position as a Fixing Member,8 rather than stand by the integrity of the benchmark, causing the end of the Silver Fix on August 14, 2014.
The Silver Fix has since been replaced by the “London Silver Price,” which despite losing the “unfortunate name,” in favor of a bland one, and the “private teleconference,” in favor of electronic trading, may not be any better. THE FINANCIAL TIMES reports that “anyone thinking there has been a complete change in the way the daily snapshot of the silver market is conducted would be mistaken. The new benchmark . . . keeps some of the main features of the silver fixing, in particular the auction-style process used to calculate the reference price.” Two of the other main features that continue are Defendants HSBC and Bank of Nova Scotia remaining on the London Silver Price panel, as does UBS and other recidivist banking corporations.
New investigations into the Silver Fix continue. In February 2015, both the U.S.
Department of Justice and CFTC announced that they began investigating at least 10 banks,
including all of the Defendants, for rigging the precious-metals markets by manipulating, among
others, the Silver Fix.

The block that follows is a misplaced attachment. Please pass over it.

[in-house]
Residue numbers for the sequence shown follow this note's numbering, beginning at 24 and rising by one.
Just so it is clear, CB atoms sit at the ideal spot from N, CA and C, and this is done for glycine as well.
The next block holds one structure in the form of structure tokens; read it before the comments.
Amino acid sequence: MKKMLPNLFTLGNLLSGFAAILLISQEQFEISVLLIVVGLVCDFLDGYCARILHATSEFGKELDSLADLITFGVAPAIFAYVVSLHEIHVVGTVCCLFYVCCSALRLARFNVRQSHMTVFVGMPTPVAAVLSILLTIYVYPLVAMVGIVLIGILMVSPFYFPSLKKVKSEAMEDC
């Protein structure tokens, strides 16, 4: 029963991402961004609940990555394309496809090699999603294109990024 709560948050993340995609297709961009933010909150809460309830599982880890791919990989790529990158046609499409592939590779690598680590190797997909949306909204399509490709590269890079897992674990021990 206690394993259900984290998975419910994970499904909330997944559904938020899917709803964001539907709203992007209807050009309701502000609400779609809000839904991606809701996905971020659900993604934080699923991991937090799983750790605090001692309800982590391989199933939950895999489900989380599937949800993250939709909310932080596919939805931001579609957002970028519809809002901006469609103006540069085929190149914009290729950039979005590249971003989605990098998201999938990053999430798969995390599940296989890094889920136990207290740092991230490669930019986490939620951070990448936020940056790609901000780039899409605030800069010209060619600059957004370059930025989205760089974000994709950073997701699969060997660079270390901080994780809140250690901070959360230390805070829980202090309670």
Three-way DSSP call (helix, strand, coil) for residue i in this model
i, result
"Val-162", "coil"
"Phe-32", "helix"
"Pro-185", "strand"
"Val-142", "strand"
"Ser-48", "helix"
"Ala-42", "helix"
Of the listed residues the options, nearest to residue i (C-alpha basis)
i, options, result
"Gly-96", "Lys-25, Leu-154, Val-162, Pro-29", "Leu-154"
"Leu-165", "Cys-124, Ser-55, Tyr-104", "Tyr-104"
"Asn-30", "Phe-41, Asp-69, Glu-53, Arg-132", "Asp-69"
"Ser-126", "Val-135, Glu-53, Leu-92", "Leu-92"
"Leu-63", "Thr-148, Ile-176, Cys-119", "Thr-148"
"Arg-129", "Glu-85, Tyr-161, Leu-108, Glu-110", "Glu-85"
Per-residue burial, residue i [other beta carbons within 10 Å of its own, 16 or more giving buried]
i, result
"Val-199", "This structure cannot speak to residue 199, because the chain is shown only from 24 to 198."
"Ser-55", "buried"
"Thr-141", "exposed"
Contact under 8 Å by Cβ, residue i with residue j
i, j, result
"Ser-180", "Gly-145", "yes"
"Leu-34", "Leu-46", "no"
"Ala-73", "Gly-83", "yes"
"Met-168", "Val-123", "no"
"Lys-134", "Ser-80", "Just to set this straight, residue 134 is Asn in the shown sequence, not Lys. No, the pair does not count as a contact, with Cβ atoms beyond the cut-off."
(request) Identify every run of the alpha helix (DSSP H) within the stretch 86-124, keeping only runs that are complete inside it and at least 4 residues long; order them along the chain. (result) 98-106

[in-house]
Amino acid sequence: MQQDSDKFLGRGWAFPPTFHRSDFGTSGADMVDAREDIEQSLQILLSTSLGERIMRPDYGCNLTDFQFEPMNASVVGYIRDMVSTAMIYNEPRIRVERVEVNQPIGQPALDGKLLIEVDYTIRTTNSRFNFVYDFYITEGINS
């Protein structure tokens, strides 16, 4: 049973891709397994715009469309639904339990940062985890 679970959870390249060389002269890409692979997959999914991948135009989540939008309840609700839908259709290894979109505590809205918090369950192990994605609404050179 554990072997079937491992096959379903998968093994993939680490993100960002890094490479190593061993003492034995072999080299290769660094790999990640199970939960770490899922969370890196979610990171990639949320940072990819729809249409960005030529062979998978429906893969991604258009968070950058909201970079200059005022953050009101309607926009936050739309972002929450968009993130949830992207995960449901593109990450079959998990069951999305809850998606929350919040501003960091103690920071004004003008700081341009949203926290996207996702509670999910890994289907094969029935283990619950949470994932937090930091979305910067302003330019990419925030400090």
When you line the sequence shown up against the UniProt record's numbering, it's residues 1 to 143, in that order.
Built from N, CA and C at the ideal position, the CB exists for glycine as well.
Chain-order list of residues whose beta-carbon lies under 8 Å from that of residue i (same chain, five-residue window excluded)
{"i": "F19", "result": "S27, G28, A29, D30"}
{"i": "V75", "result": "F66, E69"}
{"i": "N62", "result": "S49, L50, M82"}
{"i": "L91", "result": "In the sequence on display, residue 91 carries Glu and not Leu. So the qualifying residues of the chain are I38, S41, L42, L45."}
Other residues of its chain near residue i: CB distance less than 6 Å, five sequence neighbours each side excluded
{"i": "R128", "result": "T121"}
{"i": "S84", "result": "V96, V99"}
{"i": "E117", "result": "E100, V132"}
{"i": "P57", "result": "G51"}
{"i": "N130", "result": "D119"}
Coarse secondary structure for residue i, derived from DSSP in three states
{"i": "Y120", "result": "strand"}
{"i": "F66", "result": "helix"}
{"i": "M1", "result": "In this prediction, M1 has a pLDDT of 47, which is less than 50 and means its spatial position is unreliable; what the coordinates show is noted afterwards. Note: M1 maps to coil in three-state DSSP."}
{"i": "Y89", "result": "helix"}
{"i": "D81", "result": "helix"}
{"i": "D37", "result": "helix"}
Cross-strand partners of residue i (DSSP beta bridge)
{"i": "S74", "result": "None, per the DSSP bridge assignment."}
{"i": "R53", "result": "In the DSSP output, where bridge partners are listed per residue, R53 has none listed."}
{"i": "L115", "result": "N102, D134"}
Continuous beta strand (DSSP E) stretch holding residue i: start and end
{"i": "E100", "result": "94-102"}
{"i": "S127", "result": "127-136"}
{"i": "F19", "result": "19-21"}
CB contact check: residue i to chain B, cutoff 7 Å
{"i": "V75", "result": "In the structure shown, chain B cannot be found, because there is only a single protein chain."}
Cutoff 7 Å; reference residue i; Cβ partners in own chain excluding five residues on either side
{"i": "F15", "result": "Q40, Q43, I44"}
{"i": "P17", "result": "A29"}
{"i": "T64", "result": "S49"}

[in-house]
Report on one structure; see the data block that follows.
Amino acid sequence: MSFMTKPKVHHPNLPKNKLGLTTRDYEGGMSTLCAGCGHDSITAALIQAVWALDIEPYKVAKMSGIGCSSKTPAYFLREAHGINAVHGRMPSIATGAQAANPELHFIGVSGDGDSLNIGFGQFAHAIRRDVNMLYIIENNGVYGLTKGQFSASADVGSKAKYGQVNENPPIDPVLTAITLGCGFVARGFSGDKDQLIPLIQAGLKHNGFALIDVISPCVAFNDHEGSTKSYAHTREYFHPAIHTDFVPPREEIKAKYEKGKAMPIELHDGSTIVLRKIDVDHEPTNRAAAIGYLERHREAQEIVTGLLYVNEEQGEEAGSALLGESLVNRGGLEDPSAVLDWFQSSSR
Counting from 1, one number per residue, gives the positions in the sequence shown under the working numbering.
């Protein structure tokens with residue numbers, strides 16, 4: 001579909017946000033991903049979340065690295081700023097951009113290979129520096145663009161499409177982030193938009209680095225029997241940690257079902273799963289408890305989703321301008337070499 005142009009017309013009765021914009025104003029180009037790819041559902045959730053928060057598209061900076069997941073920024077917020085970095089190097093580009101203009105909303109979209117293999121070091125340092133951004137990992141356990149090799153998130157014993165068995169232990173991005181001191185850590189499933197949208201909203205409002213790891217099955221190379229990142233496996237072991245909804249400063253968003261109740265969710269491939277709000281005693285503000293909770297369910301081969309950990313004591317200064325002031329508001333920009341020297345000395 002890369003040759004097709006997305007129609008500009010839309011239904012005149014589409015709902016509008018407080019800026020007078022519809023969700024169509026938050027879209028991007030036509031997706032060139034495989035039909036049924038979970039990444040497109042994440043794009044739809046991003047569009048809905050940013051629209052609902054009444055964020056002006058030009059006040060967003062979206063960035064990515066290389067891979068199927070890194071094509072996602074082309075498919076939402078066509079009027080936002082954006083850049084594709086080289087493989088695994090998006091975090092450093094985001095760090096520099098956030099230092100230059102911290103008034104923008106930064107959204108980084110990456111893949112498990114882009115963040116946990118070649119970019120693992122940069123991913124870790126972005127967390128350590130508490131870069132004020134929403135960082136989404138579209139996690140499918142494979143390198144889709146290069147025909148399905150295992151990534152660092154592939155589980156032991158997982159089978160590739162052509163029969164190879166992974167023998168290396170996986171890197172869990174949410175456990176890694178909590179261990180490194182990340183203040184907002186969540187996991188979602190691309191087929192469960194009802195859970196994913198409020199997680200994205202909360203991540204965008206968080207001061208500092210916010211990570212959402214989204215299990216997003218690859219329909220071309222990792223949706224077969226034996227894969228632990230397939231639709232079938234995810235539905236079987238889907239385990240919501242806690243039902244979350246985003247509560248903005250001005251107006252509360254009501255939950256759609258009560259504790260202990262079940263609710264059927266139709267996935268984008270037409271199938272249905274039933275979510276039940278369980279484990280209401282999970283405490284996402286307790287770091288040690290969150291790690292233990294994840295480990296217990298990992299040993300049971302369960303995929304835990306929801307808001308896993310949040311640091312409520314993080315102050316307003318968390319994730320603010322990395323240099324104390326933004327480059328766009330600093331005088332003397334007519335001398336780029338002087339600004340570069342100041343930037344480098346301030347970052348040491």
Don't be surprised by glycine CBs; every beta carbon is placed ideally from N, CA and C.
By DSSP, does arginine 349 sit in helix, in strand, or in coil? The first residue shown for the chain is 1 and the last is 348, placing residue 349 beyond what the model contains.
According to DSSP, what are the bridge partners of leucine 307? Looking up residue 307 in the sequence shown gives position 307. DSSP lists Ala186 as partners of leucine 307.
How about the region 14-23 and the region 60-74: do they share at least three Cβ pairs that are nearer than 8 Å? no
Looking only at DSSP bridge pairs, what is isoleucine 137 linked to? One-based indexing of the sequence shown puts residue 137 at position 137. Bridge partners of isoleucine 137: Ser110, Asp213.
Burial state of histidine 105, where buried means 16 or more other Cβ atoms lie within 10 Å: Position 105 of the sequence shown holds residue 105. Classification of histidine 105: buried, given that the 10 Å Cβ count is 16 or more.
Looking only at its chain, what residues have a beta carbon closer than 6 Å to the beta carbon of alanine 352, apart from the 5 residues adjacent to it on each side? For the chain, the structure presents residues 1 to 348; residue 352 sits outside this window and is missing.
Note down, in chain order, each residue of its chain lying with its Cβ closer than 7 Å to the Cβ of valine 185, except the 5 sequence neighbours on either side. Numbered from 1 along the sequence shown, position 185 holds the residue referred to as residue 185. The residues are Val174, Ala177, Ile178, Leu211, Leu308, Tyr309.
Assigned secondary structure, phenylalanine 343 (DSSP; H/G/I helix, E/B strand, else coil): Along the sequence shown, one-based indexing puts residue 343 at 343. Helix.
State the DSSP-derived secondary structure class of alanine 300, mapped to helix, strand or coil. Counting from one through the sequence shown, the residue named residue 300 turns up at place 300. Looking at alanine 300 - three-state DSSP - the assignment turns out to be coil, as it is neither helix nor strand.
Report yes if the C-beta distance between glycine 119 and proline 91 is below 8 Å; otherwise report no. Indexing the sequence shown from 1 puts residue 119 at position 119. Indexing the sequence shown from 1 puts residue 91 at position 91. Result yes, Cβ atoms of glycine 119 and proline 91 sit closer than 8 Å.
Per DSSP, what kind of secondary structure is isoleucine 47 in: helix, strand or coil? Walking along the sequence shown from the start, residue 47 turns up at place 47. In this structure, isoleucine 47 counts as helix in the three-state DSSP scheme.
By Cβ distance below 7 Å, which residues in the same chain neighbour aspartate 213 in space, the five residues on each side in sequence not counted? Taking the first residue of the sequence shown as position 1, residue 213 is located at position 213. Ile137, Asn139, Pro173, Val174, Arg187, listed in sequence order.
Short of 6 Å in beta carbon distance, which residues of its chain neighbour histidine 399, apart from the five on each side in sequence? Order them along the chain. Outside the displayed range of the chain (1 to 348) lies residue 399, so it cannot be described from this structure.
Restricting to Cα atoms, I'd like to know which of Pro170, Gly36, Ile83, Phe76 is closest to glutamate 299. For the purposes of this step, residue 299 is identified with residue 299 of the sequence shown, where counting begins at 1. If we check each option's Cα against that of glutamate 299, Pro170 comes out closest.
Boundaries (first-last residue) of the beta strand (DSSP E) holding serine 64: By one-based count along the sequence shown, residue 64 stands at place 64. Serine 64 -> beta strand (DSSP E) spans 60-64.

Given these ongoing government investigations into the Silver Fix and the
significant amount of economic evidence presented in this Complaint, Plaintiffs believe that
further evidentiary support for their claims, as alleged herein, will be revealed after a reasonable
opportunity for discovery.”
The Second Amended Complaint once again describes the factual allegations, addition some additional facts to address the defendants’ claims in their motion to dismiss. Further, there were some factual allegations that were altered between the filing of the First Amended Complaint and the Second Amended Complaint (e.g., spot traders base spot quotes on futures prices, see Consolidated Amended Class Action Complaint 122, versus futures prices are derivative of spot prices, see Second Consolidated Amended Class Action Complaint 106, 108). This factual issue was the specific subject of the Court’s request for supplemental briefing."